1. Observing: as always, having a curious mind is key for improving as a learner. Do not believe what books tell you about pragmatics straight away without having the chance to observe native speakers interacting. You would be shocked to know how out of date most textbooks are. For example, you may have learnt that before going to bed you should say 'good night' but the reality is that, if you are for instance in England, you will be more likely to hear 'night-night' (sometimes pronounced ['nai'nait]) You might be thinking this is an impossible task if you are not immersed in the speakers' community or if you do not have access to native speakers where you live. But don't worry! Nowadays you can always do tandems via the Internet (Skype is a great option) or even watch lots of TV series in original version and take notes. 
  2. Modelling: as I explained in another post, learners are sometimes like actors/actresses. Think of the gestures you are trying to imitate as part of the role that you are preparing for acting on a film. Dramatise gestures or situations a little, just to get the hang of it. However, when talking in public it should come naturally and it would if you have practised some possible reactions for usual situations in advance, trust me. There are some interesting examples about this one: you may have noticed that when English people describe how a ball came down a hill with hand gestures, they indicate with their index finger the path the ball would follow going down. On the contrary, Spanish people describe not only the movement of the ball going down the hill, but also how the ball rolled while falling: that is, they would indicate with their index finger going down and around itself doing circles in the air. So it would be perfect if you could model that type of things!
  3. Practising: even if you know the finger thing above, if you do not practise your brain would act automatically when speaking in English or Spanish (whatever language you may be learning) the next time and it would be perceived as non-native by your interlocutor.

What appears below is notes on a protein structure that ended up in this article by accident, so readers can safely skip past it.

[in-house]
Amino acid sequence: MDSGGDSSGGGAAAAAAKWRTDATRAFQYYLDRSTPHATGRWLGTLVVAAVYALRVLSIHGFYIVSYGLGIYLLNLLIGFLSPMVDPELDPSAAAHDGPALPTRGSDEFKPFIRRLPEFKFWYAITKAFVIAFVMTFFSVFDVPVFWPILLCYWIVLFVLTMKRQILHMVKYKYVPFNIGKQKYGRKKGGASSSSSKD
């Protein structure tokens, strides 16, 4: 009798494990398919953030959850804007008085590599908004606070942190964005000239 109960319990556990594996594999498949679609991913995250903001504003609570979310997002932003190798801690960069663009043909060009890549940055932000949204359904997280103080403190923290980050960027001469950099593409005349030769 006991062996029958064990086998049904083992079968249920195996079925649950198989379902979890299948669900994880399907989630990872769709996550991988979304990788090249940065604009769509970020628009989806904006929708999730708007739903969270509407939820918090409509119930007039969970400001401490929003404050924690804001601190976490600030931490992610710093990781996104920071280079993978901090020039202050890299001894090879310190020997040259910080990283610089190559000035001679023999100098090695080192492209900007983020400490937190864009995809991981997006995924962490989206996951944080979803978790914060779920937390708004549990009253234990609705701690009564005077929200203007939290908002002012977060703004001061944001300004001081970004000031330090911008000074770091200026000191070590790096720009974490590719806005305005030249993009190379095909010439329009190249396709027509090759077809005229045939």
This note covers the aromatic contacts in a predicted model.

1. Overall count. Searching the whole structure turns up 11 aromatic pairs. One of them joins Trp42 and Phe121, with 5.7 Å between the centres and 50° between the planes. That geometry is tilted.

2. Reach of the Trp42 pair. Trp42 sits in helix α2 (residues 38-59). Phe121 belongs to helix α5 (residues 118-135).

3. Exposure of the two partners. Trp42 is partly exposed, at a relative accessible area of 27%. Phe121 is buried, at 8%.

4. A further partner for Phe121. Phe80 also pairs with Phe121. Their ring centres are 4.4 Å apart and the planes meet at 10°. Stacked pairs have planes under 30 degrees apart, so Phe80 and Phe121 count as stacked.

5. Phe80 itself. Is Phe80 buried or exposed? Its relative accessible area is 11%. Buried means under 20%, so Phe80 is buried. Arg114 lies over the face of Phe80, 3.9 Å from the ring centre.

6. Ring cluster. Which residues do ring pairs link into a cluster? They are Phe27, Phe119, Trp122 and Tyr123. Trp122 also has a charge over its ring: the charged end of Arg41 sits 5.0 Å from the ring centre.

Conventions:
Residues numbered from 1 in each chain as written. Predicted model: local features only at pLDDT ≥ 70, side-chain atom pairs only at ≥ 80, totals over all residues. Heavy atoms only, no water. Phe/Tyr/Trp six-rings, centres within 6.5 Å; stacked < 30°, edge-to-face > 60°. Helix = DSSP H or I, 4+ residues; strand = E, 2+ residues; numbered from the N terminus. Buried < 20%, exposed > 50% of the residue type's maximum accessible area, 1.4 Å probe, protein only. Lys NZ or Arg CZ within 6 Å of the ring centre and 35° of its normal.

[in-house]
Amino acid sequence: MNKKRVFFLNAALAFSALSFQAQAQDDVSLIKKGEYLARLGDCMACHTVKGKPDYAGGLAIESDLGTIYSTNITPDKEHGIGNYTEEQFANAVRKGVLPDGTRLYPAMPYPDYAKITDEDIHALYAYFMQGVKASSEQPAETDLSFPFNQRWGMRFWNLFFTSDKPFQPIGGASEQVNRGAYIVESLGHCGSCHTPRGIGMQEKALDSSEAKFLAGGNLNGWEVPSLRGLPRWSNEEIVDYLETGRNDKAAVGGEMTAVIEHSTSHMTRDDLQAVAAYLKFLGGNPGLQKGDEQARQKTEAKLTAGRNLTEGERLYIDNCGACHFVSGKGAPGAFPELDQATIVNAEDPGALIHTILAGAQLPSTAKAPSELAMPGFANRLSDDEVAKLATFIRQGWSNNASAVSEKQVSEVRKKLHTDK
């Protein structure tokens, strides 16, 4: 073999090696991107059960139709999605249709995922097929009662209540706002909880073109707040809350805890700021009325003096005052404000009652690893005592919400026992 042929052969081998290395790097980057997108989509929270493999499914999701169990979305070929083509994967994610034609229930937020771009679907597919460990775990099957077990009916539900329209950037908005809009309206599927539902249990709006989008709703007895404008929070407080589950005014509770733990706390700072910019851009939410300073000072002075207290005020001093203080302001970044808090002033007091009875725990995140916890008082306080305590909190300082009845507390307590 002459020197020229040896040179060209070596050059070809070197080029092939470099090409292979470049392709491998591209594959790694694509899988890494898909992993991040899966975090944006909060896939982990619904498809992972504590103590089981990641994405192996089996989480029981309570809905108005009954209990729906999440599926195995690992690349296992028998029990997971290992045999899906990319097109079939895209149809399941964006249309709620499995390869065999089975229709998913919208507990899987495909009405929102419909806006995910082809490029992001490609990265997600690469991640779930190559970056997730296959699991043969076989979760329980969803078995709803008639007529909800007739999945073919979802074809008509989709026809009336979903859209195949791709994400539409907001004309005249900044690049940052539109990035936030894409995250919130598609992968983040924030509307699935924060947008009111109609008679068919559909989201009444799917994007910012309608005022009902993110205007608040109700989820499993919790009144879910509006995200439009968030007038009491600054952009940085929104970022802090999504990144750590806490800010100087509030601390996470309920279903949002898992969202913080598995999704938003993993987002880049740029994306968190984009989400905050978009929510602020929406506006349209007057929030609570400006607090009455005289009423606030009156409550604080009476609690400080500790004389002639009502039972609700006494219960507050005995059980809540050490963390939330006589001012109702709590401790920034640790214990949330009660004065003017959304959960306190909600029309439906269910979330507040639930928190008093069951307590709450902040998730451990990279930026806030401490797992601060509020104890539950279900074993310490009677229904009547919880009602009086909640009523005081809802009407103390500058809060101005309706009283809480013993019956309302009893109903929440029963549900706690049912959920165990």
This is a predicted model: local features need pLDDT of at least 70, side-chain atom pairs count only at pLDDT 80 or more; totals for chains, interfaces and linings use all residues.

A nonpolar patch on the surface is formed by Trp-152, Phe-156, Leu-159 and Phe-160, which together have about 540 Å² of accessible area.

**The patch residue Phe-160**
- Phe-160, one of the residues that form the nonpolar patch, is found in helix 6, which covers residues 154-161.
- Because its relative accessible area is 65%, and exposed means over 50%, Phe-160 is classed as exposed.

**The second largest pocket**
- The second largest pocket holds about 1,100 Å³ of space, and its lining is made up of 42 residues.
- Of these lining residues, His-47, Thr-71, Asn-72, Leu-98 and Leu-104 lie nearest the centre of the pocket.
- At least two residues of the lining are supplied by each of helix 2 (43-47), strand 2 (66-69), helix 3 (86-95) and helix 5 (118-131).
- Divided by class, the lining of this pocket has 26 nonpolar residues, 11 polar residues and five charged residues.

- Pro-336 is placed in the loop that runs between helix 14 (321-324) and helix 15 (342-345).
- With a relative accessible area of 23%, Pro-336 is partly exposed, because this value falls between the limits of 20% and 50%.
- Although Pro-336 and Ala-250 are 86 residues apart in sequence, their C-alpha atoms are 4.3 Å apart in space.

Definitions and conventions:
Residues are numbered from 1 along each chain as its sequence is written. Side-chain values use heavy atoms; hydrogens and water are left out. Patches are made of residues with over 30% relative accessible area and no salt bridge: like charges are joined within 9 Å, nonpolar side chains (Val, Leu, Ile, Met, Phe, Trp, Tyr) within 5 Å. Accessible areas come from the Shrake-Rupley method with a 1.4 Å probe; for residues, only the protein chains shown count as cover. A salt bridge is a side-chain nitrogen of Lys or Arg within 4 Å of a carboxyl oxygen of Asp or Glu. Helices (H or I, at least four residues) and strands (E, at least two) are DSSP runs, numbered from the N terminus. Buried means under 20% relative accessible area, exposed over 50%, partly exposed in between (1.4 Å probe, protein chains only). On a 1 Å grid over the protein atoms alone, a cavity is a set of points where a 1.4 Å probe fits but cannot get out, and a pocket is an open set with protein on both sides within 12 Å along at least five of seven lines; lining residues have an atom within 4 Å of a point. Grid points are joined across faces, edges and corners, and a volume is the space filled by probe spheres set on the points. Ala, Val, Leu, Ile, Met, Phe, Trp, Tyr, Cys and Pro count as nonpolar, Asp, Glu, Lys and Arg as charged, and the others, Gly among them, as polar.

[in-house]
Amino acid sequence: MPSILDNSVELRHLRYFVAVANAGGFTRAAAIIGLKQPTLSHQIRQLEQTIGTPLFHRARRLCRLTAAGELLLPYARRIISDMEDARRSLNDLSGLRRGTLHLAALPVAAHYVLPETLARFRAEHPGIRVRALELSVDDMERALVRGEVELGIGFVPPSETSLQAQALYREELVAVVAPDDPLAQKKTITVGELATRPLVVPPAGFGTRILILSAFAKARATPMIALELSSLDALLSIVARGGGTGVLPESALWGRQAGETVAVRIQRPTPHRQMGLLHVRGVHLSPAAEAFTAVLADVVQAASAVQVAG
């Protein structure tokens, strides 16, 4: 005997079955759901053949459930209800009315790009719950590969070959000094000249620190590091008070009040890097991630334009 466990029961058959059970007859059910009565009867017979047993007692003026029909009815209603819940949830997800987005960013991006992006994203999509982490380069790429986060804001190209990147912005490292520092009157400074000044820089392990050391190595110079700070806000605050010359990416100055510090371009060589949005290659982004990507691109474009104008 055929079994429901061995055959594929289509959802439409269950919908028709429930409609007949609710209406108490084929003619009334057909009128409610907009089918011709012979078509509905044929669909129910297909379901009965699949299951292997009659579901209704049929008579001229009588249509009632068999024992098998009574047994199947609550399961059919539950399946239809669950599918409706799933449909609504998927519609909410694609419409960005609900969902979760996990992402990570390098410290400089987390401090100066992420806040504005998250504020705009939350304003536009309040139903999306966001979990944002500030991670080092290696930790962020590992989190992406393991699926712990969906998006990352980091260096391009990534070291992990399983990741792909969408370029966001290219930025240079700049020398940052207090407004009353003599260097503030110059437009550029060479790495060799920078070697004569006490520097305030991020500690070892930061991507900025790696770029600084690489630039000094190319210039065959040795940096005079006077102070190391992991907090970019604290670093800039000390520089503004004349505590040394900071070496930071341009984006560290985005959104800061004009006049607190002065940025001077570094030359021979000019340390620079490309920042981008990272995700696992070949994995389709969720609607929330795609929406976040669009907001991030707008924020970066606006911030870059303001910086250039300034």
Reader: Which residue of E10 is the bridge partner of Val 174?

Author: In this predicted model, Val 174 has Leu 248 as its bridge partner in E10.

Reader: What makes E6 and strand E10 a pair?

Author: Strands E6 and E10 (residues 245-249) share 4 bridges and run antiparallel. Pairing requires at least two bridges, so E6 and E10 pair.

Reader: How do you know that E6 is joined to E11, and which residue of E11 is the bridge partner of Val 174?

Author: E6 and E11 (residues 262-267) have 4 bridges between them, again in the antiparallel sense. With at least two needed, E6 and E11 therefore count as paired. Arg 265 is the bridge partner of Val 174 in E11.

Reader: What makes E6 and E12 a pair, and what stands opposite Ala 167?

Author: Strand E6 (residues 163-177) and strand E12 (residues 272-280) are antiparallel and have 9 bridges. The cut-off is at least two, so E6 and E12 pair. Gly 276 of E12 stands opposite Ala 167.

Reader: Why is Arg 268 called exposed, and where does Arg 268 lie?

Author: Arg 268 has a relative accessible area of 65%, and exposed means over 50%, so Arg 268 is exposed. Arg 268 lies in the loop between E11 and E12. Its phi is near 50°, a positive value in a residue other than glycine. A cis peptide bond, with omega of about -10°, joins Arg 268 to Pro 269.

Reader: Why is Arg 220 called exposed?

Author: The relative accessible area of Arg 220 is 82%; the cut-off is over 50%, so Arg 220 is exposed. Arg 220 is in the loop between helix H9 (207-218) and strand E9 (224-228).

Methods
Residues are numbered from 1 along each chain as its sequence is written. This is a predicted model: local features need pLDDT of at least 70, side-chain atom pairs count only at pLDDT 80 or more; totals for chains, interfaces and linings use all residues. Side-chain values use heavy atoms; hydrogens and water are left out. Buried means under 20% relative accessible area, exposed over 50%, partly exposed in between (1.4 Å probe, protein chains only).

To close up these two posts' topic I would say that, above all, this journey to become a successful learner has to be fun and that sometimes or for some of the languages that you may be learning, it is even something unconscious when it comes to creating an identity. We may fall in love with a certain accent, community or culture and we will create our identity modelling them, no logic involve. In that case, I hope you can see these posts as a guide or inspiration to improve at that language even more.

  But before going, I am going to give you three last pieces of advice! (1) Lose any sense of ridicule you may have, as people say, 'fake it 'til you make it': do not be embarrassed to try to improve at anything and failing some times because that is definitely the way to do it! (2) If you choose to incorporate some aspects of a certain community of speakers to your second language identity, try not to mix vocabulary: for instance, if you feel like you are closer to acquire a British-like identity, use the word 'autumn' to refer to that season instead of 'fall', which is the American way to call it; and (3) Watch your writing since there are some writing habits that would betray you even if you are a really advanced learner: 'realiZe' might be the American spelling but, for example, in British English you would write 'realiSe'.

Have this helped you in any way? Could you add any more information related to this topic? Let's everybody share our personal experiences, shall we?
Thank you for reading and have a nice day!